How the words we use-and don't use-reinforce dominant cultural norms Why is the term "openly gay" so widely used but "openly straight" is not? What are the unspoken assumptions behind terms like "male nurse," "working mom," and "white trash"? Offering a revealing and provocative look at the word choices we make every day without even realizing i



ISBN: 9780691177366
Audience: Tertiary Education (US: College)
Format: Hardback
Number of Pages: 160
Publication Date: 24 Apr 2018
Publisher: Princeton University Press
Publication City, Country: New Jersey, United States
Dimensions (cm): 21.6(H) x 14(L)
Weight (gm): 340



"The book . . . is rich in insight and has the power to shift a reader's worldview. . . . As broad questions of racial, gendered, and religious intolerance are raised nationally by the exclusionary words and actions of the current administration as well as by the revelations of the ongoing Me Too and Black Lives Matter movements, the nation is searching for common ground. But a national conversation cannot take place until we have the tools for that dialogue, and this remarkable book shows us how to make the language we need."---Dan Friedman, Los Angeles Review of Books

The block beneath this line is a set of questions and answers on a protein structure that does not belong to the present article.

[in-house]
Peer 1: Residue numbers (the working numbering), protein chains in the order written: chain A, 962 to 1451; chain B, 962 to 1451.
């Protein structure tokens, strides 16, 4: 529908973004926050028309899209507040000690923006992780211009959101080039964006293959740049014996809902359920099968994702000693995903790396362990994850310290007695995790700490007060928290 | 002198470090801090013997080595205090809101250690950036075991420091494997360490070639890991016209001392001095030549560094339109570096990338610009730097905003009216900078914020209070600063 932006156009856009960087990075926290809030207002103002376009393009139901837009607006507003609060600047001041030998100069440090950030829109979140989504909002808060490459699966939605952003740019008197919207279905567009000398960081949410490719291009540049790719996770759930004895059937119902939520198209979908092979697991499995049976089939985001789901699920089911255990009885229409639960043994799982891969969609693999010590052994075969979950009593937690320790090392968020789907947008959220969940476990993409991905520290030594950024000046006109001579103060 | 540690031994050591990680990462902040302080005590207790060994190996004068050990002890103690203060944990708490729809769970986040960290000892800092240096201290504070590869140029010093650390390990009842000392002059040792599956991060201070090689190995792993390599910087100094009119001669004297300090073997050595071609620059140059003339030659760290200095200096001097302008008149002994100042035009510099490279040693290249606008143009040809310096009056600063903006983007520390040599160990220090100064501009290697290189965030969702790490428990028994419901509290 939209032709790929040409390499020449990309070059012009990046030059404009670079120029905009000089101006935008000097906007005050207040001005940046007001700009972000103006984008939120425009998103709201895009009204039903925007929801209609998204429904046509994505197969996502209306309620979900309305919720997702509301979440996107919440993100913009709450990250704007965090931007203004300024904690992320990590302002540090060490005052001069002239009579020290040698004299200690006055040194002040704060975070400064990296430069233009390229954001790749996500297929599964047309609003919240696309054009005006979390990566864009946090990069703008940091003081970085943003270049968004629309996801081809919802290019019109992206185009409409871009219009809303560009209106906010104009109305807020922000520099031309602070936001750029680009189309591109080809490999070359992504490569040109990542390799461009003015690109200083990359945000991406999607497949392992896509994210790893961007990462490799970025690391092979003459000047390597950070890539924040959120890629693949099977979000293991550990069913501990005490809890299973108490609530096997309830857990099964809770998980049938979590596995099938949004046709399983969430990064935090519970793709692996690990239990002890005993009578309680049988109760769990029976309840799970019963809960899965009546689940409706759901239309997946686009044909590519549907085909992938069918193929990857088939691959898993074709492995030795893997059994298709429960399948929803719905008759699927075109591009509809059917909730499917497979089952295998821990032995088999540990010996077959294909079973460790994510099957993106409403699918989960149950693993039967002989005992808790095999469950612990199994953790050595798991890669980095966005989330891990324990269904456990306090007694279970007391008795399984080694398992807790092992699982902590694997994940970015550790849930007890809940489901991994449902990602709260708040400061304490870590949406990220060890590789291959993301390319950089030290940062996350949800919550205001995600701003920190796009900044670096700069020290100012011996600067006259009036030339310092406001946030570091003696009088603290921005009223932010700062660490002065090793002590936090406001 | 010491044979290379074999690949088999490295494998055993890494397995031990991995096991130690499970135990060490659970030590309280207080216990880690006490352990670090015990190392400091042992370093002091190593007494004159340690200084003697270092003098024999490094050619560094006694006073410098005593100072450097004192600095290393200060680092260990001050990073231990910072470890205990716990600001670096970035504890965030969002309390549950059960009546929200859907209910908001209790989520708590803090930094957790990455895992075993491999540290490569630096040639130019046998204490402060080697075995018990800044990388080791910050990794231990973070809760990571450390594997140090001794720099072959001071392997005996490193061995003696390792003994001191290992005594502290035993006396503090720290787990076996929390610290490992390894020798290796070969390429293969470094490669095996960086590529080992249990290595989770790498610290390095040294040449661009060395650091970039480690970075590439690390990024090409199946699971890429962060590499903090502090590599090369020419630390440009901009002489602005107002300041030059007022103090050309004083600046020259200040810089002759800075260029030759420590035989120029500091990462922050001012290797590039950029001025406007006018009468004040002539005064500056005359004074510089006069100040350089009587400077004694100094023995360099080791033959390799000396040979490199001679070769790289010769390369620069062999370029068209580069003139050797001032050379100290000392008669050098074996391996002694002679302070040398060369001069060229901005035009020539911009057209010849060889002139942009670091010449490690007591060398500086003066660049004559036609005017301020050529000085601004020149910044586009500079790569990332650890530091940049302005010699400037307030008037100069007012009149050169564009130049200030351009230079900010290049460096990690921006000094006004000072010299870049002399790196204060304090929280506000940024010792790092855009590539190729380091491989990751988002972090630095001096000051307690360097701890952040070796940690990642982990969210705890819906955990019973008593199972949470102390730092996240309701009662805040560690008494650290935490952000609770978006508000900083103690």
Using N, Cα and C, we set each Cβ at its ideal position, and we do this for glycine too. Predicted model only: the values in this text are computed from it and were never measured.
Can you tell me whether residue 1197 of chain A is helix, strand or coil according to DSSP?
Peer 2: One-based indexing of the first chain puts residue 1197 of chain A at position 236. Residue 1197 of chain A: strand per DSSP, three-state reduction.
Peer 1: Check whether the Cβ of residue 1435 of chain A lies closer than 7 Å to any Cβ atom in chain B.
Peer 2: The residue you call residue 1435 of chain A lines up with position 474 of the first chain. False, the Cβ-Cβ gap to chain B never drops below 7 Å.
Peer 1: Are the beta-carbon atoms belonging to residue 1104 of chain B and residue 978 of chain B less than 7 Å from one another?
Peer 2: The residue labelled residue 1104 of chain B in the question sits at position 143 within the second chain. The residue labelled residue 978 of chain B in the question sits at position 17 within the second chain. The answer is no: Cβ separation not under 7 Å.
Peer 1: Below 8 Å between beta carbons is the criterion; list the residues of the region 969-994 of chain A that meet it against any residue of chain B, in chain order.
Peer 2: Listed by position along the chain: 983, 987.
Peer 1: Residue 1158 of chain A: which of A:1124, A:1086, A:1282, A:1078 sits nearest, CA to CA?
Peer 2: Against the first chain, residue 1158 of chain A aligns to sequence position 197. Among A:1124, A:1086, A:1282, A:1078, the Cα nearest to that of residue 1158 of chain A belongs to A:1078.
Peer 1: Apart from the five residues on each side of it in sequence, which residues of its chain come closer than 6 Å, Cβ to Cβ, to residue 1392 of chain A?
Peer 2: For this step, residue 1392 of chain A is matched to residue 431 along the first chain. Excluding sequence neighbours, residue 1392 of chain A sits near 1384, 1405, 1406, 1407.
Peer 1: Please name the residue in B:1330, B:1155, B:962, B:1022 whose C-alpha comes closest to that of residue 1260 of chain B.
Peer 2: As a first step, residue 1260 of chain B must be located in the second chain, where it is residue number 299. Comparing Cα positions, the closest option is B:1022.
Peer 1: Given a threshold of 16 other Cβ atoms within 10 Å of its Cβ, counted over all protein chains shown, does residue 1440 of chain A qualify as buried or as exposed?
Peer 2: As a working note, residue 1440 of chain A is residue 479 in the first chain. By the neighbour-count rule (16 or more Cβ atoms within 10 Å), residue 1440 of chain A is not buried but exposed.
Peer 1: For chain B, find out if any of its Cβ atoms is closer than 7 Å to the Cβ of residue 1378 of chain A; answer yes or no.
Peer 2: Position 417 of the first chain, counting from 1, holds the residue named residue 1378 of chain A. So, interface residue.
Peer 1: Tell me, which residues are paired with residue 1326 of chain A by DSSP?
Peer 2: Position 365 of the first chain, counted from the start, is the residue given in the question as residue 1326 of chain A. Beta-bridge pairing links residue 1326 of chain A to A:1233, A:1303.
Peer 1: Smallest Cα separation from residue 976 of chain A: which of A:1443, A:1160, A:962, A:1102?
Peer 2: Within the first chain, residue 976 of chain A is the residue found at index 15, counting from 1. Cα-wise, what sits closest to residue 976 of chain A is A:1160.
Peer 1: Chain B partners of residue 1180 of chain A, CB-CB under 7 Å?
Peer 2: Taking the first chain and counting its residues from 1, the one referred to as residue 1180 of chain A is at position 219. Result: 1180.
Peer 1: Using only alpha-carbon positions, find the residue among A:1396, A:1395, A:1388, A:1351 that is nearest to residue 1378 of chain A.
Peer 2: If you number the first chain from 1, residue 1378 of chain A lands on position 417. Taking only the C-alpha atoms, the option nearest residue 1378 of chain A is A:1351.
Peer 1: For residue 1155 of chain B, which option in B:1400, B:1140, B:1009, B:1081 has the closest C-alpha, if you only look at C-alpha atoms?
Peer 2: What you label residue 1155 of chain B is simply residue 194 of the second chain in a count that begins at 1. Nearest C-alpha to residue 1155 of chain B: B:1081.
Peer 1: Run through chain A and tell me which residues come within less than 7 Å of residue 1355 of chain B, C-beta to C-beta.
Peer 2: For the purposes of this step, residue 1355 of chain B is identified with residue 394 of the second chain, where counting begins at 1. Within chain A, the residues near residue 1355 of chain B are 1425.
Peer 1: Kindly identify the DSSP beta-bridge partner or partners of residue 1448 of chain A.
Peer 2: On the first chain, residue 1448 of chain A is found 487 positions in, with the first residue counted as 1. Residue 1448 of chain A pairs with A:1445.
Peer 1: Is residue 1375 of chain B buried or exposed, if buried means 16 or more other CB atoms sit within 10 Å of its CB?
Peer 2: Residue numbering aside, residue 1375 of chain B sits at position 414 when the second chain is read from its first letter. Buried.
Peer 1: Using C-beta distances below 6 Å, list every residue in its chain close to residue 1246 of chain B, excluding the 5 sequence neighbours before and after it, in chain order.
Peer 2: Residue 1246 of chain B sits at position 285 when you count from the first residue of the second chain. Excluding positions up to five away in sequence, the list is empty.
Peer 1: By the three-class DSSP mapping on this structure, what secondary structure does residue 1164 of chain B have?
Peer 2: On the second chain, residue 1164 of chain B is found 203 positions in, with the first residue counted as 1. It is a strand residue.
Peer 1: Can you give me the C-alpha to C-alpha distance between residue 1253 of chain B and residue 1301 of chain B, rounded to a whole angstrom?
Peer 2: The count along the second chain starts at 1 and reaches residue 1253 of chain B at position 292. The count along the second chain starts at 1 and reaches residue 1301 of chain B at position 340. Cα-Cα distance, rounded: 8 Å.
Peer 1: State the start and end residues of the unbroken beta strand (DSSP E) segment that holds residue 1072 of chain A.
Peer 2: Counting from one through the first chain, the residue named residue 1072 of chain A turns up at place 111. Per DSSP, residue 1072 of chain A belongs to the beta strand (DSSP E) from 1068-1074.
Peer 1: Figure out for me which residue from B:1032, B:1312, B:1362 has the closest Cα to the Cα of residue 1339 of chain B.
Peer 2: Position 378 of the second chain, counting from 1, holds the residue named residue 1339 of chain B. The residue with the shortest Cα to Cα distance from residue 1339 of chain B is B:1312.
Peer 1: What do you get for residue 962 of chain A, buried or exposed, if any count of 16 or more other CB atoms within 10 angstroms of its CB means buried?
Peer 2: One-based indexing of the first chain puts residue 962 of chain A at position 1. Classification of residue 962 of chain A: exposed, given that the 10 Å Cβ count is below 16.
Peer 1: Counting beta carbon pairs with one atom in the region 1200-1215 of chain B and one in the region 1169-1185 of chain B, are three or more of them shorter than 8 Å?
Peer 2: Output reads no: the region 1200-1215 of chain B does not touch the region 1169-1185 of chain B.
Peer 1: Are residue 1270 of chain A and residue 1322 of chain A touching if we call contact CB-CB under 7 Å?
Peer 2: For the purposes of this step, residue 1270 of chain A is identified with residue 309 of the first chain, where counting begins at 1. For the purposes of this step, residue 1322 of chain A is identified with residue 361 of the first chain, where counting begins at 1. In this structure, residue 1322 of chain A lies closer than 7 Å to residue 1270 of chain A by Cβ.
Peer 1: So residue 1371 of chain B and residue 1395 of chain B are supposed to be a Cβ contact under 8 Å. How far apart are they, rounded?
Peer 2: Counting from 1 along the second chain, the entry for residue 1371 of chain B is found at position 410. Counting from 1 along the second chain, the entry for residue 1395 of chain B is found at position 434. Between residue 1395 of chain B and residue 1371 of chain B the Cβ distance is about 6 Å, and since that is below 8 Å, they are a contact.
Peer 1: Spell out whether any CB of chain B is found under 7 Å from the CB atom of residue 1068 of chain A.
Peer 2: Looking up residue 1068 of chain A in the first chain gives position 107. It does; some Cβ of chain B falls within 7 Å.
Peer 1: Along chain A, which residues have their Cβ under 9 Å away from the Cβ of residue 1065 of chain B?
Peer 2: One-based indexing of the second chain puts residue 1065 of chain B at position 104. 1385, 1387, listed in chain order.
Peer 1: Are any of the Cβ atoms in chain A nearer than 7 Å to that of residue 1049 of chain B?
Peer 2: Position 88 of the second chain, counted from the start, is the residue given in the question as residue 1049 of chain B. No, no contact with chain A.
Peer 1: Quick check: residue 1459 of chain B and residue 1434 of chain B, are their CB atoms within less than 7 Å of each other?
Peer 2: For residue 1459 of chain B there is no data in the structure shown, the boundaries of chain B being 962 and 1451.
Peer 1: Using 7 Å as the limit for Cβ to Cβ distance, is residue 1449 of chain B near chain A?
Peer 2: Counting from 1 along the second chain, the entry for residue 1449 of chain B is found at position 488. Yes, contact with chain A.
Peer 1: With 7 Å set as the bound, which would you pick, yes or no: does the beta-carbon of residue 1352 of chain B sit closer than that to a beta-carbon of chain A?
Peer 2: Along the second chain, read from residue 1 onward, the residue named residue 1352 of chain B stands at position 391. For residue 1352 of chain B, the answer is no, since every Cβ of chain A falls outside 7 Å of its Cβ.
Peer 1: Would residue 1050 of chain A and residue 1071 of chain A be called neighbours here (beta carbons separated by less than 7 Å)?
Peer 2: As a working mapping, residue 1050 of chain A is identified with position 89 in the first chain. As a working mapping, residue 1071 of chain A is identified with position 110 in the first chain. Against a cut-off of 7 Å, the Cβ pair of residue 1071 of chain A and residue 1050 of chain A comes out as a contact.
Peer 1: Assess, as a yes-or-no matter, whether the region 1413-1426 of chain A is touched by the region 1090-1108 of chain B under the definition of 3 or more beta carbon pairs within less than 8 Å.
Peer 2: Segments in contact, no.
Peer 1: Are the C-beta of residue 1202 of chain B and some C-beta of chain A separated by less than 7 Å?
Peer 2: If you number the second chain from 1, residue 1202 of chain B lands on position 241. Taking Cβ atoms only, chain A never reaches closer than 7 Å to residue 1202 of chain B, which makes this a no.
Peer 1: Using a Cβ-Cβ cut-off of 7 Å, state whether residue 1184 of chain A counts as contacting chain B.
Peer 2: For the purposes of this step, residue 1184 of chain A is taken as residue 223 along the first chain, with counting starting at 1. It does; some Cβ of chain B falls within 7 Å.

"[Taken for Granted is] a forceful work, requiring us to acknowledge our biases and how they are articulated - whether we realize the implications of what we're saying, or not."---Grace Parazzoli, Sante Fe New Mexican
"Taken for Granted is an interesting, thought-provoking, easy read, and the bibliography presents a wealth of impressively cross-disciplinary influences, each worth investigating. The book is most poignant, though, in revealing how quickly use of 'marked' language, and underlying cultural norms, can shift."---Andrea Macrae, Times Higher Education
"Winner of the Charles Horton Cooley Award, Society for the Study of Symbolic Interaction"
"Winner of the Susanne K. Langer Award for Outstanding Scholarship in the Ecology of Symbolic Form, Media Ecology Association"


Author Biography

Eviatar Zerubavel is Board of Governors and Distinguished Professor of Sociology at Rutgers University. His many books include Social Mindscapes: An Invitation to Cognitive Sociology, The Elephant in the Room: Silence and Denial in Everyday Life, and Ancestors and Relatives: Genealogy, Identity, and Community. He lives in East Brunswick, New Jersey.
Taken for Granted: The Remarkable Power of the Unremarkable

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